Introduction

On 7 December 1941, the Japanese navy attacked Pearl Harbour.  At the same time their army launched assaults on Malaya, Hong Kong and the Philippines; from there the Japanese armies swept across southeast Asia at an alarming rate.  When Singapore fell in February 1942 Australia lost an entire Australian division.  The Pacific War developed into a a conflict primarily fought by aircraft carriers, and by infantry in jungles and on Pacific Islands.

Grant, R, 2008, World War II: the events and their impact on real people, Dorling Kindersley, London

Library resources

On our shelves:

Library catalogue

The Library catalogue is a powerful searching tool. Use a basic keyword search to get quickly to some of the resources you will find on the shelves on World War II. Use keyword searching to help locate particular topics or aspects of the war.  Please note: This search will give you all the countries that participated in the Pacific campaigns in World War 2, not just Australia.

eReserve

From the Department of Veterans Affairs

Other Subject Guides

World War 2 (1939-1945) - Europe


Collection highlights

From the series Australians in the Pacific War, 1944-1945


Reference

On our shelves

General encyclopedia:

  • Encyclopaedia Britannica
  • The World Book

Subject encyclopedia:

Online encyclopedia:

  • Britannica Online *You will need your user name and password to use these resources.

 


eBooks

From Britannica eStax


Web resources

Australia:

To access newspapers of the time, that reported the Pacific campaign, visit the National Library of Australia's TROVE

 Japan:

 United States:

  • MacArthur Memorial. The MacArthur Memorial is a museum and research center dedicated to preserving and presenting the story of the life of General of the Army Douglas MacArthur. The Memorial also pays tribute to the millions of men and women who served with General MacArthur in World War I, World War II, and the Korean War.
  • War in the Pacific [U.S. History]

Battle of the Coral Sea

Introduction

This four-day World War II skirmish in May 1942 marked the first air-sea battle in history.  The Japanese were seeking to control the Coral Sea with an invasion of Port Morseby in southeast New Guinea, but were intercepted by Allied forces.  Rear Admiral Frank J. Fletcher commanded the  American task forces, which included two large aircraft carries and other ships, and a British-led cruiser force mounted surface opposition.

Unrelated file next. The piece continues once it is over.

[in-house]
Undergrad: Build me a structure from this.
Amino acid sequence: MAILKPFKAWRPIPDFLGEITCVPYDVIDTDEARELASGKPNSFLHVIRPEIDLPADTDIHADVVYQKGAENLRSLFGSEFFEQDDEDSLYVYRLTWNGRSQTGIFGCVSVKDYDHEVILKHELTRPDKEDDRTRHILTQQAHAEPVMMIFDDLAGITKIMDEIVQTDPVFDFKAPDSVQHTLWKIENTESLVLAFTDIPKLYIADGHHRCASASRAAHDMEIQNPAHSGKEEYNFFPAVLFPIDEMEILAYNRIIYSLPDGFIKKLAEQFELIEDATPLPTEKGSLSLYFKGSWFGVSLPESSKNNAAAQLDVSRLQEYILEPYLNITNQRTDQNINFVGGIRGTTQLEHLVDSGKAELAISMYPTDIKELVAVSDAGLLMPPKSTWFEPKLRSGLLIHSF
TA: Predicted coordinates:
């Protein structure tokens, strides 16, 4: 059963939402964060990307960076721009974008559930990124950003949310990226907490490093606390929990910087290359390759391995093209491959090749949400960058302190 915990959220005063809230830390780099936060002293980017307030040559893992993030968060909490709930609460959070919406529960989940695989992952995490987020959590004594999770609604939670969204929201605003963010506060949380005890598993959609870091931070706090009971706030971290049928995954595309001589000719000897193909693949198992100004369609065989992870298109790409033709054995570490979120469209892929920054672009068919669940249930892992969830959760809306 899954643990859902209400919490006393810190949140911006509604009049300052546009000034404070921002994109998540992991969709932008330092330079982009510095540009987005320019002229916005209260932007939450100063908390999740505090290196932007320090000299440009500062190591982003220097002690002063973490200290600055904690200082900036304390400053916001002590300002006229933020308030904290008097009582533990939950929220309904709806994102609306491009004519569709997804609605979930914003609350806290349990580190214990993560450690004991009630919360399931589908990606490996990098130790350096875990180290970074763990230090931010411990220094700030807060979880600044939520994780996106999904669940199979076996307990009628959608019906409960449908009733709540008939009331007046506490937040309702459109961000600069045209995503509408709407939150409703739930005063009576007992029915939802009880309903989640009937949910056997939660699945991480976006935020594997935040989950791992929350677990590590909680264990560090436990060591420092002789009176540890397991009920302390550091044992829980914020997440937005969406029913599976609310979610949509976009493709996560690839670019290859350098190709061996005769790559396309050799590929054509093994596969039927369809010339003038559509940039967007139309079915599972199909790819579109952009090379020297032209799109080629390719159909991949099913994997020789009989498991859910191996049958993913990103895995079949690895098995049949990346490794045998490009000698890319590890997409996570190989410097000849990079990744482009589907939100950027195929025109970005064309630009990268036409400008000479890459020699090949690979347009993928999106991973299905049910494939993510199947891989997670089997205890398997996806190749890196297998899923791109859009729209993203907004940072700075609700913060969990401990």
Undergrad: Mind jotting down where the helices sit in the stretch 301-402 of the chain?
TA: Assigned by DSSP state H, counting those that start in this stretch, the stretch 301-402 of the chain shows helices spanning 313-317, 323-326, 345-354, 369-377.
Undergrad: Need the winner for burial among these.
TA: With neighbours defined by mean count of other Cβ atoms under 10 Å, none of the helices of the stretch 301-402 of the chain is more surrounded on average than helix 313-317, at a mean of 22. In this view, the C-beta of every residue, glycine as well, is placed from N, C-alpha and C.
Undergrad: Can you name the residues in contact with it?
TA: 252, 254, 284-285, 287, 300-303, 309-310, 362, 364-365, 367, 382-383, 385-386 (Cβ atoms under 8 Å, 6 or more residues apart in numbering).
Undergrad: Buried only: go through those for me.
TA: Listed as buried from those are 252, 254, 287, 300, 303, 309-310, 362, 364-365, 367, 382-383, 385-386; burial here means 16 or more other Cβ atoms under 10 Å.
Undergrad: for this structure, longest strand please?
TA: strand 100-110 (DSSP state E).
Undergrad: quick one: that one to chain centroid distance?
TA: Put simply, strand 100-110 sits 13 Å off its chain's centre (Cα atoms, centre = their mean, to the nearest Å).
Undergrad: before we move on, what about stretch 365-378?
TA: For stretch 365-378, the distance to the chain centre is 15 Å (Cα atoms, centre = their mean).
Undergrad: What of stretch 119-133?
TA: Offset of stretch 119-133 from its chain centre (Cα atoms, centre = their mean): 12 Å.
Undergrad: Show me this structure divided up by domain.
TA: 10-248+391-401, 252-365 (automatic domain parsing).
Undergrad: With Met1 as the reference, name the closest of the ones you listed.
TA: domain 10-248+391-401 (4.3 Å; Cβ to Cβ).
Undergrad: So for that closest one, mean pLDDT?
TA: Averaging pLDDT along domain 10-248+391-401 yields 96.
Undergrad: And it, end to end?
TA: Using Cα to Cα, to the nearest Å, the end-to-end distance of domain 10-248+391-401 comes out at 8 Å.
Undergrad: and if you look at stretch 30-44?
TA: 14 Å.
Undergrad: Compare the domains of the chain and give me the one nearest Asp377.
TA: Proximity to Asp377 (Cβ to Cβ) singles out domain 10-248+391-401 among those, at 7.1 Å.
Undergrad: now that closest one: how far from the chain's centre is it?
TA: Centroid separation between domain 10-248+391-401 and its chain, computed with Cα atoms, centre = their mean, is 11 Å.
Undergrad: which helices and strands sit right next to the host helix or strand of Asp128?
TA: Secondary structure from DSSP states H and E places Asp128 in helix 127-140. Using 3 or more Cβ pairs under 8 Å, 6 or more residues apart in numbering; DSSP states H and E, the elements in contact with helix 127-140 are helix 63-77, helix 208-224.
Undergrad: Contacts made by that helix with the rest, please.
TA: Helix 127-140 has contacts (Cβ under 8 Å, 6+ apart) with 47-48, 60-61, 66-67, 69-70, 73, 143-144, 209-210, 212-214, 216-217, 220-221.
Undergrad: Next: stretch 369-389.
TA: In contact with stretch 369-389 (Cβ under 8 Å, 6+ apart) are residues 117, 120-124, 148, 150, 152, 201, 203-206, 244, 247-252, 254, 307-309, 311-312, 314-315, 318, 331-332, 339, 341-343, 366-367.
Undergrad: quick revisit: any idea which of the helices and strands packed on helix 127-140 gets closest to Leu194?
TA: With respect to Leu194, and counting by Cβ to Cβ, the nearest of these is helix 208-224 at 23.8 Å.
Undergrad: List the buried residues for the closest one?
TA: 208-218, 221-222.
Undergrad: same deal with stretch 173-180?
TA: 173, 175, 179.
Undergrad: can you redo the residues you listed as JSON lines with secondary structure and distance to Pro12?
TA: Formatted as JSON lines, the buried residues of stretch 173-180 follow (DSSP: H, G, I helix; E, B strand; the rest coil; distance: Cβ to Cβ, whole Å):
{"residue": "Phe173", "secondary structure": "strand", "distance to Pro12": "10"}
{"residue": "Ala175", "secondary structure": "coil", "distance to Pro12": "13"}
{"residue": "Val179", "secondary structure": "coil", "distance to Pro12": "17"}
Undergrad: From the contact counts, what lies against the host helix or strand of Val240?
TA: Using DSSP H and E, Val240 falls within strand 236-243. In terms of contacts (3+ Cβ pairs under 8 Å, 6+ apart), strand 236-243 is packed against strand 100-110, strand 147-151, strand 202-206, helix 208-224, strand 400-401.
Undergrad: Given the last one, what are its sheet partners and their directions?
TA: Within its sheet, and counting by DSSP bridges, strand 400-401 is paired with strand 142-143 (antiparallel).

There were a number of missed opportunities as the carrier airmen learned their trade.  Air strikes from both sides either missed targets or found them only after using up their ordnance.  The American carrier Lexington came under heavy fire, with the loss of 216 crewmen.

Battle of Coral Sea, 2009, History. com, viewed May 17, 2018, http://www.history.com/topics/world-war-ii/battle-of-coral-sea

 eReserve

 Web resources


Pearl Harbour

Introduction:

On the morning of 7 December 1941, 183 aircraft from the Imperial Japanese Navy attacked the United States Naval Base at Pearl Harbour on the island of Oahu, Hawaii. The intention was to cause as much damage as possible to the US Pacific Fleet , before it could respond to other Japanese operations in the Pacific. They bombed hangers and aircraft on the island's airfields, while at the same time launching torpedoes against US warships moored in the harbour. 

A second attack on the same morning by another 170 Japanese aircraft resulted in the loss or damage of 18 warships, 188 aircraft destroyed and 2,403 American servicemen and women killed.

Crucially all three of the Pacific Fleet's aircraft carriers were not at Pearl Harbour during the attack and so escaped damage. The were to prove vital in the coming Pacific Campaign.

Kerrison, A 2018, 'What happened at Pearl Harbour', Imperial War Museum, viewed 18 May 2018, https://iwm.org.uk/history-what-happened-at-pearl-harbour

Library resources

On our shelves:

eBooks

From Britannica eStax

eReserve: 

  • McIntyre, C 1990, 'Pearl Harbor', in Battle at sea: World War II, Mallard Press, New York, pp. 56-64.

Web resources:


Papua New Guinea - Kokoda

Library resources

On our shelves

From the series Australians in the Pacific War

Collection highlight:

Audio Visual

Web resources


Prisoners of War (POWs)

Resources on Australian men and women held in Japanse POW camps.

Library resources:

On our shelves:

Collection highlights

You may also be interested in this book about the 1500 civilians captured by the Japanese.  They spent the war interned in harsh, prison-like camps throughout the Asia-Pacific region.